Discover all the wonderful ways grandfathers show grandchildren their love in this heartwarming companion to When a Dad Says “I Love You.”
Everyone knows grandpas are best at spoiling their grandkids, but it’s just because they love them so much! Whether by attending a tea party or getting an extra scoop of ice cream, there is nothing grandpas won’t do to say “I love you!”
Wood and Bell’s follow-up to When a Dad Says “I Love You” (2013) features anthropomorphic grandpa-kid pairs of animals demonstrating all the various unregular ways grandpas can say “I love you.” They might try to teach you to wink, though it usually only results in a blink. They might repeatedly teach you to tie your shoes. He might say it “by buying you / a double-scoop ice-cream cone / on a hot summer day. / And then by helping you eat it / if it melts too fast.” He might teach you to throw a special pitch or pretend to love your tea at a tea party. He might teach you to play old-fashioned games like checkers or try to learn a newfangled game on the computer. “But most of all, a grandpa says / ‘I love you’ just by being… // Your grandpa!” This appealing—but free of saccharine—exploration of that special intergenerational relationship would be great for Grandparents Day or just an “I love you” storytime. Bell’s softly smudgy, crosshatched pencil illustrations show animal grandpas and kids in a bounty of recognizable, everyday situations.
It’s hard not to love this one—just like an indulgent grandpa. (Picture book. 3-7)
When Rhoda goes hiking with Auntie June and Uncle Jonah, it’s not a little day hike.
It’s a haul-your-own-stuff and pitch-a-tent-in-a-new-place-each-night excursion, calling on Rhoda to reach deep into her reserve of gumption. Luckily, she really loves looking for rocks along the way. Her aunt smiles at the rock collecting, as long as Rhoda carries them in her own backpack. Rhoda likes the bucket shower in the cold lake, the salami sandwiches and old ratty sleeping bag, but as the hike continues—and her bag gets heavier with all those special rocks—Rhoda’s laugh disappears, and a decidedly grumpy girl emerges. But when she finally reaches her beach destination, Rhoda’s energy and enthusiasm return, especially when she thinks about the comforts of a cabin and the gorgeous beach rocks. But after some serious beachcombing, Rhoda cannot begin to move the heavy load of rocks. Young nature lovers and hikers will celebrate Rhoda’s creative solution. Droll, green-toned illustrations highlight Rhoda’s every emotion. She’s about 8, and readers see her body droop, eyebrows rise in frustration and even her socks fall, while her hair flies all over the place. Repetition and careful word choice (easy to decode and familiar) make this a picture book to share or read independently.
Rock collectors will smile at her cairns and will be better able to leave behind beloved rocks.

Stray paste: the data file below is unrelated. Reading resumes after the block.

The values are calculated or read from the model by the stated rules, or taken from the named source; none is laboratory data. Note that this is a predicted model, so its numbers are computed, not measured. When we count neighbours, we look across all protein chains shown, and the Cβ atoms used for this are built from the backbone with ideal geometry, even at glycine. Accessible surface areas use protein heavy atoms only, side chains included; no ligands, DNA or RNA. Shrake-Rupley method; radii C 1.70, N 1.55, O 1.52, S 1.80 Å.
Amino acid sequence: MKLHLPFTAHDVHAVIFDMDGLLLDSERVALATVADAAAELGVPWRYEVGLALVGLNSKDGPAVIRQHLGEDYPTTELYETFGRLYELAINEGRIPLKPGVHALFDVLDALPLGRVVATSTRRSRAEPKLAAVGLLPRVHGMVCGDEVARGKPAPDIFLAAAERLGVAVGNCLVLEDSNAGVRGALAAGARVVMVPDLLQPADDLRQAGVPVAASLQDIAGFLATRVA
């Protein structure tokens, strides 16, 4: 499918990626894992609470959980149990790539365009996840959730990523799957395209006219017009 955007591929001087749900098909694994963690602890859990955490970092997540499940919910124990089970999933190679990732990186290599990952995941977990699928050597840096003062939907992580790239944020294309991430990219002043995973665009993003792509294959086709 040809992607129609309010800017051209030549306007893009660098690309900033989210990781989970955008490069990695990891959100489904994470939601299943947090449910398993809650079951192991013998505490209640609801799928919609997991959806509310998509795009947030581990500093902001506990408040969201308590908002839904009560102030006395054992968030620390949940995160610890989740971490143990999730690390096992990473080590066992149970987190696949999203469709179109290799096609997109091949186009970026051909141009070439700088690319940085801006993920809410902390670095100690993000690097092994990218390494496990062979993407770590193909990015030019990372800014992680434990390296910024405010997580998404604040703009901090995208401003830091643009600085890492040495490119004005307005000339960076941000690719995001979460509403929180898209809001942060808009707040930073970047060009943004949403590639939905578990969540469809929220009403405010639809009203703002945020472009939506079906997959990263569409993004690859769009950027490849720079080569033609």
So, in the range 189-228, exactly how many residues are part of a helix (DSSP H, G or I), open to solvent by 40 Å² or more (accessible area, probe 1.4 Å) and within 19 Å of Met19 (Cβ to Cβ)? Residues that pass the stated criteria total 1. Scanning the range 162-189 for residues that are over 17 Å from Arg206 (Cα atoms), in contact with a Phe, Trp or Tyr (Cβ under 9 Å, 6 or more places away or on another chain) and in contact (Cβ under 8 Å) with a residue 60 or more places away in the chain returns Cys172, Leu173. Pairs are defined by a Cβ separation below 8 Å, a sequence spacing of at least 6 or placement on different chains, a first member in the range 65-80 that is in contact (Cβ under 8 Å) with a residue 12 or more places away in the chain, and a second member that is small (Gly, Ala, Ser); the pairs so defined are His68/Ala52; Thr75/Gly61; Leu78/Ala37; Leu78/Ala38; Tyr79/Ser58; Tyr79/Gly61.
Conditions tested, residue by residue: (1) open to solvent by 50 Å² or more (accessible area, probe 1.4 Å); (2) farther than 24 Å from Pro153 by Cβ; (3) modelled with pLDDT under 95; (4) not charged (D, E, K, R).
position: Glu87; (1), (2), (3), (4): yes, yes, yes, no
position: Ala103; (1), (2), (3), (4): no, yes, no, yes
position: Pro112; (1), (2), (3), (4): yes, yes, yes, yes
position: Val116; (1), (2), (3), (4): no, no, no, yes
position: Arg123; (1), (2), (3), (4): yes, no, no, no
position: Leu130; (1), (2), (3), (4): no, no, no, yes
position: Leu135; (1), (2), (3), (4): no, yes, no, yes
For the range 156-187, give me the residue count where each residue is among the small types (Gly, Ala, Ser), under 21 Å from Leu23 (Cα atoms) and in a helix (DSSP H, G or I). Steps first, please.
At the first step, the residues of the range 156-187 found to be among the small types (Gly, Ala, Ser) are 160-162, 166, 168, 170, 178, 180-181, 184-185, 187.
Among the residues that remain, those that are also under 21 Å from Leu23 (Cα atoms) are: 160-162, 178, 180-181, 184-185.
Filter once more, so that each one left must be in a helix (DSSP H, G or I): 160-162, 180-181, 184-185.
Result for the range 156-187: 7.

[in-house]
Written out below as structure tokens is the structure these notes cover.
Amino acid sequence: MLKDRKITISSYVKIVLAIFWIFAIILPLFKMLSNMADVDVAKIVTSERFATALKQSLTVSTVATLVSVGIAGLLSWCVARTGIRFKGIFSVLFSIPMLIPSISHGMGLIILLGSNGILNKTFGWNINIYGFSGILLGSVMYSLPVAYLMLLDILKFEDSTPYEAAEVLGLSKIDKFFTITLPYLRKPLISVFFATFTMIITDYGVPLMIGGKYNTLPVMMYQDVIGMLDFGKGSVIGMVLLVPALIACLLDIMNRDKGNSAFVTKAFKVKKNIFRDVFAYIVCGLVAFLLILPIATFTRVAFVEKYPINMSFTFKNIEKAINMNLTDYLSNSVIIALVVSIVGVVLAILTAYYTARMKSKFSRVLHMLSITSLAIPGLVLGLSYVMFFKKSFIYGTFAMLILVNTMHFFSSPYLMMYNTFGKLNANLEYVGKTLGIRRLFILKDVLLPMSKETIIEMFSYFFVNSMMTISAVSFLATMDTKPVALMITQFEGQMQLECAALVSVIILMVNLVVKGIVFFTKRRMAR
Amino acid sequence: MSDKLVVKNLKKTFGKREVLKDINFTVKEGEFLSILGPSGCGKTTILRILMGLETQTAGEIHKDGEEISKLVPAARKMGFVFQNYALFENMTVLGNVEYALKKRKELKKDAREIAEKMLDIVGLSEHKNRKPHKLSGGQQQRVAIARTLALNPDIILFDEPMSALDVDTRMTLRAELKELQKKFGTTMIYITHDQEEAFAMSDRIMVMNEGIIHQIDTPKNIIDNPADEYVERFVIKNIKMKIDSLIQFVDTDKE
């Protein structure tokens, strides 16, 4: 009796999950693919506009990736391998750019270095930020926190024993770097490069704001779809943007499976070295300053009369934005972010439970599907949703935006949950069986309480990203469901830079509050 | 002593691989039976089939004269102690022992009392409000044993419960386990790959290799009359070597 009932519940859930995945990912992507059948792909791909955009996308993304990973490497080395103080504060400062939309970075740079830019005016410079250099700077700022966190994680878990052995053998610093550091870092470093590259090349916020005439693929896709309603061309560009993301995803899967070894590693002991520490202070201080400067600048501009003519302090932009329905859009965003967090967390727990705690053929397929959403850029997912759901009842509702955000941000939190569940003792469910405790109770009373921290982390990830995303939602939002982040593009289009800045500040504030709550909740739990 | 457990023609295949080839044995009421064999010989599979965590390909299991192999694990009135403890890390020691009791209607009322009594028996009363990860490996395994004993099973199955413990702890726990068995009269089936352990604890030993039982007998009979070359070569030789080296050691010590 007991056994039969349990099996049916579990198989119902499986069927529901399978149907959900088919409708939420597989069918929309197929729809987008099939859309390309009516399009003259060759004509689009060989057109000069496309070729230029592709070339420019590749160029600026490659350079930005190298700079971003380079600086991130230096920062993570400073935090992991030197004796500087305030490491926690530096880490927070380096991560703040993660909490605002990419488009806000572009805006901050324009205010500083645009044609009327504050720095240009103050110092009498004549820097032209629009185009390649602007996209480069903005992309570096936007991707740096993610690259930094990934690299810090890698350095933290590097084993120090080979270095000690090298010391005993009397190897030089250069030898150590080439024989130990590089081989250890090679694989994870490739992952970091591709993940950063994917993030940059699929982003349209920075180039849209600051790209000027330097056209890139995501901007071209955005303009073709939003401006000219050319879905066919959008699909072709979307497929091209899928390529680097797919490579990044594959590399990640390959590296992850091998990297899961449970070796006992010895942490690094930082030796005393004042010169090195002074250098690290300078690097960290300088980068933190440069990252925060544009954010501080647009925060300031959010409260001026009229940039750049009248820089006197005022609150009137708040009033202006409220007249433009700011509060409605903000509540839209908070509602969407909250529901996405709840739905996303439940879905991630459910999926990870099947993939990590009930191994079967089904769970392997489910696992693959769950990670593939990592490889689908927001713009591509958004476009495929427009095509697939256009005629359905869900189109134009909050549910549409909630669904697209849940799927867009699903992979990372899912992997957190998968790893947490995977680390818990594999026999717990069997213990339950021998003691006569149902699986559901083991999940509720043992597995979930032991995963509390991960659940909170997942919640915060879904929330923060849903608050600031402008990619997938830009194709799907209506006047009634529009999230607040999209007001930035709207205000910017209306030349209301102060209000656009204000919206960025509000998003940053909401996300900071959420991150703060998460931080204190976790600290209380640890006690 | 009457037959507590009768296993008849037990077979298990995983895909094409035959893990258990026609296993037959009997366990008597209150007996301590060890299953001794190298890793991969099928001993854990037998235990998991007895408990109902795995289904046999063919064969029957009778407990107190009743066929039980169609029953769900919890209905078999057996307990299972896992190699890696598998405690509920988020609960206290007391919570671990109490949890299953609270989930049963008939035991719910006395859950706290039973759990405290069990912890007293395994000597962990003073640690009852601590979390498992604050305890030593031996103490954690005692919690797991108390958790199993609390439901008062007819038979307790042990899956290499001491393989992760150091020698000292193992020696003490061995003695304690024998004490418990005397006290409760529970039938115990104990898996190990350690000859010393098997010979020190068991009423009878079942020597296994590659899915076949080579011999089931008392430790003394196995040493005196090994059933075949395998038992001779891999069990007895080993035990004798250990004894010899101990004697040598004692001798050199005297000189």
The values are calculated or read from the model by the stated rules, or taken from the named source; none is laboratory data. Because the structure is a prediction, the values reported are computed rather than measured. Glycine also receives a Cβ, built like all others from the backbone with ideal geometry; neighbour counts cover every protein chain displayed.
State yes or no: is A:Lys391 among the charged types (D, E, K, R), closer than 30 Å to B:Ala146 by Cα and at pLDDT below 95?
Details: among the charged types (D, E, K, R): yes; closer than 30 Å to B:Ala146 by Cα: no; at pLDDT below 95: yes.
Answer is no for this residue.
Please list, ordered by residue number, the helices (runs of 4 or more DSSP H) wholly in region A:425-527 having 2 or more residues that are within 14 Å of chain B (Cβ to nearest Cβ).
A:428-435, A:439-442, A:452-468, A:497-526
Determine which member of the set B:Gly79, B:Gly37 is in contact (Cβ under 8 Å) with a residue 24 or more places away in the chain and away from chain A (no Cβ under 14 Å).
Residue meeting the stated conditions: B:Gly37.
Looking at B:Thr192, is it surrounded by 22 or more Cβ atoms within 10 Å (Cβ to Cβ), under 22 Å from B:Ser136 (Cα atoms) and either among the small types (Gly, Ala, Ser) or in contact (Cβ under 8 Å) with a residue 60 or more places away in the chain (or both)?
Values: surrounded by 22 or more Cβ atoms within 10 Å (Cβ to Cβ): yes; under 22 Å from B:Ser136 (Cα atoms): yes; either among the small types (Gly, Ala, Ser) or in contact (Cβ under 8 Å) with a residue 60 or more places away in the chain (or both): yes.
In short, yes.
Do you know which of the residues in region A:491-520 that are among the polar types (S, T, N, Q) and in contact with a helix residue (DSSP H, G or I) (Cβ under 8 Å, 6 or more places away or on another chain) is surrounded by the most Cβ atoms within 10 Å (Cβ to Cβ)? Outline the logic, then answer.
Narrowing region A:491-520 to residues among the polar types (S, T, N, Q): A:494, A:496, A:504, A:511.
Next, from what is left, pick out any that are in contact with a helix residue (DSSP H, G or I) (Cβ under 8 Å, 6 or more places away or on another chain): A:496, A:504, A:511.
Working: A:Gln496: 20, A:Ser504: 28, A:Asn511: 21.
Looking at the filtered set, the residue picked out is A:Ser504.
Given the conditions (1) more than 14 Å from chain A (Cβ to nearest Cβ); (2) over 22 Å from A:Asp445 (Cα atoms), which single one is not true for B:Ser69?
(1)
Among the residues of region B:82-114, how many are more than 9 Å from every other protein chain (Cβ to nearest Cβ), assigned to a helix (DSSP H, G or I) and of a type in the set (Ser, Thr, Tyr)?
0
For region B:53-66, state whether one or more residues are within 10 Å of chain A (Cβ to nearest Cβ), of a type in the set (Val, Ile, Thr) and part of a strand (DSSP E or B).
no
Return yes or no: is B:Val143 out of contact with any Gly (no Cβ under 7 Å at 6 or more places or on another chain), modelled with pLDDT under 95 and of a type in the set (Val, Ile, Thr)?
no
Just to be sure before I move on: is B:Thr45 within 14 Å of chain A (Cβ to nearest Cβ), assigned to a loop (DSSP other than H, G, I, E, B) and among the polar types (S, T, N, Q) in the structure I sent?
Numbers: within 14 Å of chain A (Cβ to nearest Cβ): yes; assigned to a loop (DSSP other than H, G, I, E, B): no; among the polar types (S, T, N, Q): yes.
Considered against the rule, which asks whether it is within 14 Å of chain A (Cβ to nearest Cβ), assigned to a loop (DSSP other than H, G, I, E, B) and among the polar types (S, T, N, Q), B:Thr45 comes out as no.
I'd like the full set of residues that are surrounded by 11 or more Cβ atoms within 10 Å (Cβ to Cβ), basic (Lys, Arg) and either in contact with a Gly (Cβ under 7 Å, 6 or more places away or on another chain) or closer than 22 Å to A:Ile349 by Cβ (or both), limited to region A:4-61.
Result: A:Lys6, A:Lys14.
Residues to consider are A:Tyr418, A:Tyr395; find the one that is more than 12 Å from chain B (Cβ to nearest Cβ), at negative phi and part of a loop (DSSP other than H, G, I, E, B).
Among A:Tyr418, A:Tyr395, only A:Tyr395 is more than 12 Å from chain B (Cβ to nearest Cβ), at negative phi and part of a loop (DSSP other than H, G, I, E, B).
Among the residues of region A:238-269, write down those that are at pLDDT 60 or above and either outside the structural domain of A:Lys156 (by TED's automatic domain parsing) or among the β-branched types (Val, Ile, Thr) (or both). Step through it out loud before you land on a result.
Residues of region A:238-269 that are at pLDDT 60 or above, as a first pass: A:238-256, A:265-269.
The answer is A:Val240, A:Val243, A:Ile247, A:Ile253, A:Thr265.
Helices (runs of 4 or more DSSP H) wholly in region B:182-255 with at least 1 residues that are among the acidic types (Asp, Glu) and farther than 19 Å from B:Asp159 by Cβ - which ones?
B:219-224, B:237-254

After taking refuge in a grand old theater, a resourceful and endearing little mouse falls in love with dance, wins the heart of a ballerina -- and at last finds a welcoming home!
“This resourceful and enthusiastic little mouse captures the beauty and wonder of the world of ballet.”—School Library Journal
“Carr’s tale is sweetly told with just a hint of danger. . . . Bell’s pencil and digitally rendered illustrations in teals and rosy pinks provide a pretty setting for a pretty little tale. A honey-coated story of interspecies friendship.”—Kirkus Reviews
Walnut and his mom agree that it would be fun if he could go to work with her, and they fantasize about the adventures they could share. Though it can't always happen, Walnut's mother assures him that he is always on her mind, and together they find ways to have a physical presence for each other when at work or school. This light-hearted story provides parents an opportunity to reassure children on their importance in busy parents' lives.
"Hall offers adults concrete tools for combating separation anxiety, and Bell's cozy, earth-toned art sweetly conveys Walnut's loving and playful rapport with his mother."—Publishers Weekly
"Most of the tale is imaginative banter, but Hall adroitly touches on the question kids are really asking: Why is work so important it takes a parent away? Bell's fuzzy-tailed critters and soft, warm hues create a cozy environment for comforting a little one's fears. Hassled parents will appreciate having yet another resource to combat this common childhood worry."—Kirkus Reviews
Writing a letter to Santa is fairly simple; you make your case and list your hoped-for gifts. But if you're a hard-core fan like Ava, a letter to Santa is something entirely different. A simple New Year's note to the North Pole about some uneaten cookies kicks off a year-long correspondence between a young girl and the jolly guy in the red suit in this joyful epistolary picturebook. This holiday story is perfect for those who believe and those who remember the wonder of the season.